Dr. Leah Beckett has been working in wetlands for over twenty years. She earned a Ph.D. from the University of Maryland studying the effects of sea-level rise on coastal wetlands. Since then she has worked as a wetlands research scientist for the City of New York and the Northwest Indian Fisheries Commission here in Washington State. Currently she is the Wetland Specialist for Washington State Department of Ecology.
As groundwater is becoming increasingly depleted and salt water is intruding along the coasts, rainwater and stormwater management and harvesting techniques will become important and necessary, as will using grey water for landscape irrigation. Penny Livingston will share the techniques and strategies for harvesting rainwater, as well as techniques to mitigate flooding in valleys.
Penny Livingston is internationally recognized as a prominent permaculture teacher, designer and speaker. She is the co-founder and director of the Regenerative Design Institute. Penny specializes in design and installation of perennial agroforestry systems, biological water purification systems, site planning and the design of resource-rich landscapes integrating rainwater collection, edible and medicinal planting, spring development, pond and water systems.
The recent discovery of PFAS (“Forever Chemicals”) in our groundwater and drinking water on Whidbey Island highlights the vulnerability of our aquifer to surface contamination. John Lovie’s presentation will give a brief overview of these chemicals, their effects on human health, and how they get into our groundwater. He will also discuss what is being done to clean them up, what you can do to protect yourselves in the meantime and what we need to do to protect our groundwater now and into the future.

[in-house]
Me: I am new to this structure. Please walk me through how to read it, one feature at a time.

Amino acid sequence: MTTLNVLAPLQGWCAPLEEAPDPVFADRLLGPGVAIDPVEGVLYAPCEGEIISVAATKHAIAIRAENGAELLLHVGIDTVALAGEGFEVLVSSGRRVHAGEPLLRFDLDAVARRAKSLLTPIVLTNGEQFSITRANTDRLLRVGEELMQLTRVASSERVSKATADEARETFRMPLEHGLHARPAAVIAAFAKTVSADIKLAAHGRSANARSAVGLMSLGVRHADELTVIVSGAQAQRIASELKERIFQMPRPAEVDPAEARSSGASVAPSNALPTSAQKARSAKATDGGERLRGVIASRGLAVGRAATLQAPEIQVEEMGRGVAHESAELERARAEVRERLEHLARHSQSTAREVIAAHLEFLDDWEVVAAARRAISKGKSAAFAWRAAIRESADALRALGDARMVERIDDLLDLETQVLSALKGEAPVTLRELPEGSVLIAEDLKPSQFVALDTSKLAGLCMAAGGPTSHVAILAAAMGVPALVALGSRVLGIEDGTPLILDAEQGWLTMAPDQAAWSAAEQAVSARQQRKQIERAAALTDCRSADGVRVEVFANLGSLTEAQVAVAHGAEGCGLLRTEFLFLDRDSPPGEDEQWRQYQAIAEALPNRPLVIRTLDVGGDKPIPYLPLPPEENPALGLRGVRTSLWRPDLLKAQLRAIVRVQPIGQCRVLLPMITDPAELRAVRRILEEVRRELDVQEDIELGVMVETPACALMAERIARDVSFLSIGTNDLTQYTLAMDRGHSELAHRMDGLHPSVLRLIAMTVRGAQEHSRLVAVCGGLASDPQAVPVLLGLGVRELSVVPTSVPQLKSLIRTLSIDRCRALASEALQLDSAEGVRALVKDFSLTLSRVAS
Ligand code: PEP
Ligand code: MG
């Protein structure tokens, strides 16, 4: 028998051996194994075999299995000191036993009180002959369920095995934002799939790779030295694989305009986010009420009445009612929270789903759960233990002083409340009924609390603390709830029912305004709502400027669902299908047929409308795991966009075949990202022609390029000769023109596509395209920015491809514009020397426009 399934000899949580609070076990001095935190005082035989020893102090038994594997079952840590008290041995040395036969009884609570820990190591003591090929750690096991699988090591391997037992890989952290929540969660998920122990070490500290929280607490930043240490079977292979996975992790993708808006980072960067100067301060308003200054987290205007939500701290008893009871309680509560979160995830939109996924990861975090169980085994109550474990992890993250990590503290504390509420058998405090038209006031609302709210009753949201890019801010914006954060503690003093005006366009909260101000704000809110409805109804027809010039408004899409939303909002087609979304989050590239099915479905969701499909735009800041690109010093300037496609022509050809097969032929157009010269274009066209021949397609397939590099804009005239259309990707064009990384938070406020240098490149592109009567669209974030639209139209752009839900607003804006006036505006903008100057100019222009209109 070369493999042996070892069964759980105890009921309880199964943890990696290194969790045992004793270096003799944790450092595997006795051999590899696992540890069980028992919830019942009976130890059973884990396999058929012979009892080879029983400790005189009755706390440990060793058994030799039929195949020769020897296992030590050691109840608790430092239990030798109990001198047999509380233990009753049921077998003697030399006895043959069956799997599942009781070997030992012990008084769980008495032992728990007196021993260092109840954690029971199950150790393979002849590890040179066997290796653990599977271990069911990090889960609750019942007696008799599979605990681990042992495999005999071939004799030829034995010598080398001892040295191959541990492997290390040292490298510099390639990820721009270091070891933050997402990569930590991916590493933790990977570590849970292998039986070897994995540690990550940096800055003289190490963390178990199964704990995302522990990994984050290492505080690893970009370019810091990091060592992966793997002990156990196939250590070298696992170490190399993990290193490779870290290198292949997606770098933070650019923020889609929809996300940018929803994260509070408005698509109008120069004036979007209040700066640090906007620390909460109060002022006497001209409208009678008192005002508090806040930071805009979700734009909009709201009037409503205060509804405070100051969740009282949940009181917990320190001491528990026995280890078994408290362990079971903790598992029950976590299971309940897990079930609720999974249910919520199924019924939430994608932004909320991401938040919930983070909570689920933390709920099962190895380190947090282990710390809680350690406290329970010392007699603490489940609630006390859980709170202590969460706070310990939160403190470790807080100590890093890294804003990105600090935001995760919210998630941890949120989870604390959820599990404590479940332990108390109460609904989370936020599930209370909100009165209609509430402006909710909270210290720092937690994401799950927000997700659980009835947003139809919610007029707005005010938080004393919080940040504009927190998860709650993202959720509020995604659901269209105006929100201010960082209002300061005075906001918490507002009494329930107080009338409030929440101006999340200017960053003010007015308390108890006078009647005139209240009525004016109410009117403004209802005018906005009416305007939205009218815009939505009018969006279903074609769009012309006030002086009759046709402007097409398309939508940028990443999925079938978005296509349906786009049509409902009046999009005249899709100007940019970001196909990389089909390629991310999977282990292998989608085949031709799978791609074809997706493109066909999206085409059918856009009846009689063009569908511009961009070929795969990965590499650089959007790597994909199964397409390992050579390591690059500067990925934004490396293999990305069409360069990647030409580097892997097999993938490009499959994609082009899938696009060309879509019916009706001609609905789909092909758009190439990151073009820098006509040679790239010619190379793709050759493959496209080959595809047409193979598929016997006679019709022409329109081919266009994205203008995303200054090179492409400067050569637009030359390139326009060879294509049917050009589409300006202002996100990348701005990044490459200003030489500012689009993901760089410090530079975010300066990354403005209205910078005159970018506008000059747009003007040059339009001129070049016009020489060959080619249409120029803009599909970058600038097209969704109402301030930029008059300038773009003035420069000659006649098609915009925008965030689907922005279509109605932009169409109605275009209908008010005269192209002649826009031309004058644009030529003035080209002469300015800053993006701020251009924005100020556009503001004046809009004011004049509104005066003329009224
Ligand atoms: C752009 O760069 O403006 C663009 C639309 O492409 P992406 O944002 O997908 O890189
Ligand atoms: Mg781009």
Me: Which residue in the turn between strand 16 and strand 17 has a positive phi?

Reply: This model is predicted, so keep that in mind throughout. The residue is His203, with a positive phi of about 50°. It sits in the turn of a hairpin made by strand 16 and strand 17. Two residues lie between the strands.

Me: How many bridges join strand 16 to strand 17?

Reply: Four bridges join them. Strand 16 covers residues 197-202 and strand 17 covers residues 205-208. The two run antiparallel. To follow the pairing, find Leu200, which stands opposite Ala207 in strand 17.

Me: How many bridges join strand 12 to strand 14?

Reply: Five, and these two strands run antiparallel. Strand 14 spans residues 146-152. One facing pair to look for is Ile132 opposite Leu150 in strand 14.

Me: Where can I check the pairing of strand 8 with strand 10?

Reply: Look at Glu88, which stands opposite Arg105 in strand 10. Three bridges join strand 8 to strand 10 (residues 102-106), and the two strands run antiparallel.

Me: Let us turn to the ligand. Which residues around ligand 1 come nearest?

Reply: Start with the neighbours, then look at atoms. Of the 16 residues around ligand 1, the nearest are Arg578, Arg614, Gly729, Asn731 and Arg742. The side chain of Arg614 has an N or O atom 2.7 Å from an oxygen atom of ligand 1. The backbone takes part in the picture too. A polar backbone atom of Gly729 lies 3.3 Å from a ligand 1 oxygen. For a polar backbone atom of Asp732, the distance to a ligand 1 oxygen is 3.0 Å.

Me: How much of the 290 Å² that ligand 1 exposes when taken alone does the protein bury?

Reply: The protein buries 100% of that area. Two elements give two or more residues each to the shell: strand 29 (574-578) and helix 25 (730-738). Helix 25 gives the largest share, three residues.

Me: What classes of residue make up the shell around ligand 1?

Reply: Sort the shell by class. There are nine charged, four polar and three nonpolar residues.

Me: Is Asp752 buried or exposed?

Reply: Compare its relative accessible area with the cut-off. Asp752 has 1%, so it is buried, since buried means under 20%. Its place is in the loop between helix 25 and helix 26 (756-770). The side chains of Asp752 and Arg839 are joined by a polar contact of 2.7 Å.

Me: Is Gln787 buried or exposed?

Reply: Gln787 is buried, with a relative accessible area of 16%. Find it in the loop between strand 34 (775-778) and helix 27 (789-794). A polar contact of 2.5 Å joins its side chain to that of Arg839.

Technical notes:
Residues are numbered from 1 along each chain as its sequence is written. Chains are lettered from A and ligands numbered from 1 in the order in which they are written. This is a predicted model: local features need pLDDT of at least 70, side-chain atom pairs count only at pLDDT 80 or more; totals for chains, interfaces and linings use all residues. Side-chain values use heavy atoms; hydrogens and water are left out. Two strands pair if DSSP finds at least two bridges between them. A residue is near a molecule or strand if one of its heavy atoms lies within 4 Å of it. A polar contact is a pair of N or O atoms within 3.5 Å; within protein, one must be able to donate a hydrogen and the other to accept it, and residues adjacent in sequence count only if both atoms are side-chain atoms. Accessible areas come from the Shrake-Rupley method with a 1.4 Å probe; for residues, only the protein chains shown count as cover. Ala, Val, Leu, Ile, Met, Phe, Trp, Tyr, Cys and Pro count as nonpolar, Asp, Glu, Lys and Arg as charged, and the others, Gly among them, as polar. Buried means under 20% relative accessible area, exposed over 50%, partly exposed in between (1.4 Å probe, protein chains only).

John Lovie is a director and past president of the Whidbey Island Water Systems Association, and has received a Lifetime Achievement Award from the Washington State Office of Drinking Water. He is a member of the Department of Health and Ecology PFAS Chemical Action Plan advisory team and is currently working with a Public Participation Grant from the Department of Ecology for public education and engagement in cleanup of PFAS contamination in groundwater.